PS Audio GCPH Phono Preamplifier
Pre-Owned. Perfect working order. 90 days warranty.
Description: Solid-state MM/MC phono preamplifier with variable gain and switchable loading. RIAA accuracy: ±0.1dB. Voltage gain: 42/48/54/60dB (unbalanced); 48/54/60/66dB (balanced). Input impedance: 100/500/1k/47k ohms. Output impedance: 100 ohms
The GCPH is built around the same design philosophy all PS phono preamplifiers have enjoyed over the last 30 years: a passive RIAA curve. The RIAA curve is a specification for the correct playback of vinyl records, established by the Recording Industry Association of America (RIAA). The purpose of the equalization curve is to permit greater playback times, improve sound quality, and to limit the physical extremes that would otherwise arise from recording analog records without such equalization.
The RIAA curve has operated as a de facto global industry standard for the recording and playback of vinyl records since 1954. Prior to that time – mainly between 1940 and 1954 – each record company applied its own equalization; there were over 100 combinations of turnover and rolloff frequencies in use, the main ones being AES, LP, NAB and FFRR. The RIAA standardized the EQ curve for records and hence the majority of vinyl LP’s are recorded to this standard.
Before 1940, most records were cut flat. This included broadcast recordings and motion picture recordings before sound-on-film. If you play a pre-WWII 78rpm record through a modern preamp, you will effectively be playing it with a scratch filter whose cutoff begins at 2200Hz, giving lack of high frequencies and muffled voices.
RIAA equalization is a form of pre-emphasis on recording, and de-emphasis on playback. A record is cut with the low frequencies reduced and the high frequencies boosted, and on playback the opposite occurs. The result is a flat frequency response, but with noise such as hiss and clicks arising from the vinyl surface attenuated. The other main benefit of the system is that low frequencies, which would otherwise cause the record cutter to make large excursions when cutting a groove, are reduced so grooves are smaller and more can be fitted in a given surface area, yielding longer playback times (hence the term “LP” or Long Play records).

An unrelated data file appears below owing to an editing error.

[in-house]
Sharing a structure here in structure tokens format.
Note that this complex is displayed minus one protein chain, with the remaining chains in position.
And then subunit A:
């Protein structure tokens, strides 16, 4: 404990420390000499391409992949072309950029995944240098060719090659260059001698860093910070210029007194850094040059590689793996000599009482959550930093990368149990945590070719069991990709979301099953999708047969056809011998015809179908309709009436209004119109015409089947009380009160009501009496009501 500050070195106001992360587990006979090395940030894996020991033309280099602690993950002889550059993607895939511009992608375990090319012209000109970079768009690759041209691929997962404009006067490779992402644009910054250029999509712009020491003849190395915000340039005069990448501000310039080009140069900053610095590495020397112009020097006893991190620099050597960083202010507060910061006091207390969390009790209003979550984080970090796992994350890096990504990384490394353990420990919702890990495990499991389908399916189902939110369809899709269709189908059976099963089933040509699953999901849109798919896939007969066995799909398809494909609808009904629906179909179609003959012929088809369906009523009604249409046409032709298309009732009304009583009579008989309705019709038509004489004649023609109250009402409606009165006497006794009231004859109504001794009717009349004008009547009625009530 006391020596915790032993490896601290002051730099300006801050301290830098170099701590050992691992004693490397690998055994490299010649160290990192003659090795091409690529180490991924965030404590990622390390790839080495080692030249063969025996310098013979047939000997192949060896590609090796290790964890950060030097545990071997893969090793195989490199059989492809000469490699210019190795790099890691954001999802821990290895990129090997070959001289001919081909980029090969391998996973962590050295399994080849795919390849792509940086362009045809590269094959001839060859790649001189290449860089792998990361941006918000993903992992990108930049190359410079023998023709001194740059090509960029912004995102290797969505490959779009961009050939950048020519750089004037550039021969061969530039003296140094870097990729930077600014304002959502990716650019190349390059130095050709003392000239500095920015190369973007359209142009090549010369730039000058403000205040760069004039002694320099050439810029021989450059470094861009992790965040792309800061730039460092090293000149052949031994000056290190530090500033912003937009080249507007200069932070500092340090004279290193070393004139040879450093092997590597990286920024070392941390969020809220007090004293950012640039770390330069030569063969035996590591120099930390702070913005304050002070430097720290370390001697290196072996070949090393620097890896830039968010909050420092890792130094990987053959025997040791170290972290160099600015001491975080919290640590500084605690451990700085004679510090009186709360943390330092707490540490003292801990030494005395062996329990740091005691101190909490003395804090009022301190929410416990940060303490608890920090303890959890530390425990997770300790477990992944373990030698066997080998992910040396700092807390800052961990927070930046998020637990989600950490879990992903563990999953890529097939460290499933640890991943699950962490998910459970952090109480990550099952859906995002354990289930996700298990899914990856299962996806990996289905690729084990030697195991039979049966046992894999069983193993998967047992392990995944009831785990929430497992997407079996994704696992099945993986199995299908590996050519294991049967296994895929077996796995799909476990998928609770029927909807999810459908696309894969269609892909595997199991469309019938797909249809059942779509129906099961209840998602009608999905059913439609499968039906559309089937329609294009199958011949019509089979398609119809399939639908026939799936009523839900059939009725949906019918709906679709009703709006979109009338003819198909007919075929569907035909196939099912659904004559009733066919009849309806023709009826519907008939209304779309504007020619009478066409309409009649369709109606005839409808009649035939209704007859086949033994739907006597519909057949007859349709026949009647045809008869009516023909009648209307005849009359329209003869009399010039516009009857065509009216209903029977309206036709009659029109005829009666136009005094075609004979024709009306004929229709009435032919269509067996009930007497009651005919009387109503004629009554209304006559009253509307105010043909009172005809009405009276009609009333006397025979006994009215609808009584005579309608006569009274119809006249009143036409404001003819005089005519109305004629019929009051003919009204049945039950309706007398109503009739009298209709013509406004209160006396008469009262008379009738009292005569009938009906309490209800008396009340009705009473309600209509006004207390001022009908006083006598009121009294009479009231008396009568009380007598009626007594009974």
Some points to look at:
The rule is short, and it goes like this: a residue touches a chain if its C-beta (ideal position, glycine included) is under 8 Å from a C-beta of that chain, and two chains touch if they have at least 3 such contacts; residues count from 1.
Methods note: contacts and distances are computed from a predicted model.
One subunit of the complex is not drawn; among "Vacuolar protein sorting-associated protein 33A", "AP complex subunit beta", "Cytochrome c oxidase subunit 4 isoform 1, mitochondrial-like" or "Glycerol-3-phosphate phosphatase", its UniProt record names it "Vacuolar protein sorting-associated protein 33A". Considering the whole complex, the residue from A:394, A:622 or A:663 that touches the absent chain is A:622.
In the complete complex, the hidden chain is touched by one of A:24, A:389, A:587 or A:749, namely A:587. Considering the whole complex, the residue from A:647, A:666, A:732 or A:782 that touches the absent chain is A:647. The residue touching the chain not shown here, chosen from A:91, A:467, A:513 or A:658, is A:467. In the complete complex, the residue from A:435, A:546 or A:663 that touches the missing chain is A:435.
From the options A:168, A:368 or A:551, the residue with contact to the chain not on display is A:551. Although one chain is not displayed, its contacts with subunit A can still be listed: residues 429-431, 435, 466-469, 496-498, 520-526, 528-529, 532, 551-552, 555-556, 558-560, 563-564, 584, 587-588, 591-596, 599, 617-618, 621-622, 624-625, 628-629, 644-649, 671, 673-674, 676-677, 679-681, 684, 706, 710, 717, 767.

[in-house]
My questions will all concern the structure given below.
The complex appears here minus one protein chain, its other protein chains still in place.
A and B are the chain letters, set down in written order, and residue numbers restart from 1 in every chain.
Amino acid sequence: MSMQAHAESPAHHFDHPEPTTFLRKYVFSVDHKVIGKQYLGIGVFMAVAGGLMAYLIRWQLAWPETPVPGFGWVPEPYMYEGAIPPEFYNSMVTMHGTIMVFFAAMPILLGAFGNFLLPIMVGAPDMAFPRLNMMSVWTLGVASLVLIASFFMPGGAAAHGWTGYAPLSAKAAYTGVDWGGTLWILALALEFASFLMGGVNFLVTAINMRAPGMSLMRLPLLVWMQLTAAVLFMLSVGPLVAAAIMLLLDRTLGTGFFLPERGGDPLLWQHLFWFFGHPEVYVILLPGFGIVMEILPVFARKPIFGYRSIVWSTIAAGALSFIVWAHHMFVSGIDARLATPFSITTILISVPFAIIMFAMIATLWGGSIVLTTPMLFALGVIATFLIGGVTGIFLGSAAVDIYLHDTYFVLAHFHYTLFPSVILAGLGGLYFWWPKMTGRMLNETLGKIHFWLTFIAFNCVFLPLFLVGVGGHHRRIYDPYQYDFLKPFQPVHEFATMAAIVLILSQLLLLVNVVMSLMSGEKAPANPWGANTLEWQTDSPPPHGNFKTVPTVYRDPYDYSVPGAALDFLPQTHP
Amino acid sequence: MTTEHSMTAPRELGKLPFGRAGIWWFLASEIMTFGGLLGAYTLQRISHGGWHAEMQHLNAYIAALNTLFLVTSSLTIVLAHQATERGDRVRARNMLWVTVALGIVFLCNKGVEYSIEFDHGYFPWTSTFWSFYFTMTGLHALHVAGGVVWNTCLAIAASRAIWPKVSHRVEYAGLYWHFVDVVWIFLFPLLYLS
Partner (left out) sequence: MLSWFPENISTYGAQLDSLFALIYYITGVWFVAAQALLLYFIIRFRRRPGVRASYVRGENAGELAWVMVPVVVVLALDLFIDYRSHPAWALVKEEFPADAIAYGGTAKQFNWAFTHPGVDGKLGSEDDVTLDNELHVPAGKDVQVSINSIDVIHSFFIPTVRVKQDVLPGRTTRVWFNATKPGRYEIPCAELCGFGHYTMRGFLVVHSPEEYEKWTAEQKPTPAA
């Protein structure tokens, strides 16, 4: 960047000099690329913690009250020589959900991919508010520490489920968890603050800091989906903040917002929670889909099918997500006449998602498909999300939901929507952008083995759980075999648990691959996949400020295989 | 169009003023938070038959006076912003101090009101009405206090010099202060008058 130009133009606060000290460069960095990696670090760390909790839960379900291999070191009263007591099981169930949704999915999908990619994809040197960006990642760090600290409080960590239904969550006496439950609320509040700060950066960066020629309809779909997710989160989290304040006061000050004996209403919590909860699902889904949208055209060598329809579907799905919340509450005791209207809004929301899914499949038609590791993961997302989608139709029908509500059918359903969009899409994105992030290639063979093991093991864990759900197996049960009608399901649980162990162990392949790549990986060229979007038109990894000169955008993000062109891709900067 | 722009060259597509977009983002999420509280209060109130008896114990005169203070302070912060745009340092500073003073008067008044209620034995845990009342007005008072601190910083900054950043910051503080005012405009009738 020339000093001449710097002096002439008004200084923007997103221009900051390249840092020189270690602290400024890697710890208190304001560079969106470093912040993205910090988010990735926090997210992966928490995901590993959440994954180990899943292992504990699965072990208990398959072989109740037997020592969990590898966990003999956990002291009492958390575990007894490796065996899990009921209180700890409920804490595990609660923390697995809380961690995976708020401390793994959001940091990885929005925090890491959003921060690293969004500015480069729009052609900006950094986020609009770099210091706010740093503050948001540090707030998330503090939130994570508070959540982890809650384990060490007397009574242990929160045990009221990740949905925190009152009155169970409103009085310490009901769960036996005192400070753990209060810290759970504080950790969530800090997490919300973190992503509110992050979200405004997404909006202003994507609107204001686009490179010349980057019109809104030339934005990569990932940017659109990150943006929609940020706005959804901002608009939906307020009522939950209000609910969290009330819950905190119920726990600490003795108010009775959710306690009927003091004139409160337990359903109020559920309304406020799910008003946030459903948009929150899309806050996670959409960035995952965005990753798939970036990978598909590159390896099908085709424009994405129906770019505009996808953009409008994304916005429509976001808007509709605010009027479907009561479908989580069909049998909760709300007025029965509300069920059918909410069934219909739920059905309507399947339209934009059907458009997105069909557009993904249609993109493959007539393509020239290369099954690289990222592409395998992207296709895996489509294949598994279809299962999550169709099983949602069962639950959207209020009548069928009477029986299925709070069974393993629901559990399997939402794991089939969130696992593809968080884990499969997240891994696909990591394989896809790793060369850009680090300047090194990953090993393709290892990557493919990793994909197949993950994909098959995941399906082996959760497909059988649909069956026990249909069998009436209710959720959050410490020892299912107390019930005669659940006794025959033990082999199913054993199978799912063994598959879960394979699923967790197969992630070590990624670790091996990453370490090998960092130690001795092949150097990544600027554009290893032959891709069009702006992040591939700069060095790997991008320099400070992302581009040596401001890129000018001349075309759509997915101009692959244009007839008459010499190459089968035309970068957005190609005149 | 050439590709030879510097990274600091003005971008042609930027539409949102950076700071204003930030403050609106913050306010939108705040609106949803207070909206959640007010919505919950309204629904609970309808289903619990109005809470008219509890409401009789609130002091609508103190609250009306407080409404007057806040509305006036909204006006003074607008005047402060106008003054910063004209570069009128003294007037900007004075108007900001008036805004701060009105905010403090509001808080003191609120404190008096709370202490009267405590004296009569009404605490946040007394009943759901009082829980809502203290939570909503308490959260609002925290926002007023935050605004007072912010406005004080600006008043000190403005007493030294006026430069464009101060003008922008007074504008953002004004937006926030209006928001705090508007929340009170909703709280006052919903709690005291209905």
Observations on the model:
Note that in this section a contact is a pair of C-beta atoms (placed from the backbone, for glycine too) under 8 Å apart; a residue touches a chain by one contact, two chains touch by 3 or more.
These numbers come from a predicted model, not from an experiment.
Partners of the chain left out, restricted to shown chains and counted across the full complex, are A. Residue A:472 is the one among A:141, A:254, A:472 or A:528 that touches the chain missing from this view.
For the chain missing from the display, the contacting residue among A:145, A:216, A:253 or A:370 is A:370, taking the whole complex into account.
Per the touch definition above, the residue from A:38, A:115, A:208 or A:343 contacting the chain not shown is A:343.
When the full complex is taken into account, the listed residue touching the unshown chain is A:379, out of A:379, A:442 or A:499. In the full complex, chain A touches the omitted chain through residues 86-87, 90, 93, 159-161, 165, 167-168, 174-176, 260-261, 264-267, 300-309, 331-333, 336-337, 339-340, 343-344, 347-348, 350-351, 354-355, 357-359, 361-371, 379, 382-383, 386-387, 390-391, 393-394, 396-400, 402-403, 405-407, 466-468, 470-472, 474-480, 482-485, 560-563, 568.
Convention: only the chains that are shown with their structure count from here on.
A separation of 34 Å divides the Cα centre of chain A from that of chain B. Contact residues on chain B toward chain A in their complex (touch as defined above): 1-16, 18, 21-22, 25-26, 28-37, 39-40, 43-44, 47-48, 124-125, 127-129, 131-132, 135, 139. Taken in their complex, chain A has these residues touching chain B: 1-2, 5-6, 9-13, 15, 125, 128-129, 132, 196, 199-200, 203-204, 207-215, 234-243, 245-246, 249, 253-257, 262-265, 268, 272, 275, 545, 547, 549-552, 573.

RIAA equalization is not a simple low-pass filter. It carefully defines roll-off points in three places, 2122 Hz, 500 Hz and 50 Hz.
There are multiple means of achieving this curve in a phono preamplifier, but the two main implementations are active and passive. Active means the RIAA curve is in the feedback loop of the preamplifier and passive means it is outside any feedback loop. PS Audio has always believed the best performance will be achieved when the curve is outside the feedback loop of the internal amplifier because the amplifiers’ performance will change with frequency. This is because at high frequencies the negative feedback of the phono preamplifier will be very high and at low frequencies, relatively low. Our design philosophy of preamplification has always revolved around the notion of keeping negative feedback low and uniform at all frequencies. Thus, a passive RIAA curve is “just what the doctor ordered”.
Whatever method is employed, it is absolutely critical the curve be as exact as possible. Deviations of more than a tenth of a dB are unacceptable. The GCPH is flat to the RIAA standard by less than 0.1dB.
A unique feature of the GCPH is the multiple gain setting adjustment methods. The coarse gain settings are available on the rear of the unit, the fine gain setting available via a volume control like knob on the front panel. The front panel gain adjustment also allows the GCPH to be used as a standalone phono preamplifier, feeding the purest phono signal possible directly into your power amplifier.
You should expect unrivaled sonic qualities, with low noise, high performance audio being delivered to your system through this unique and ground breaking phono preamplifier.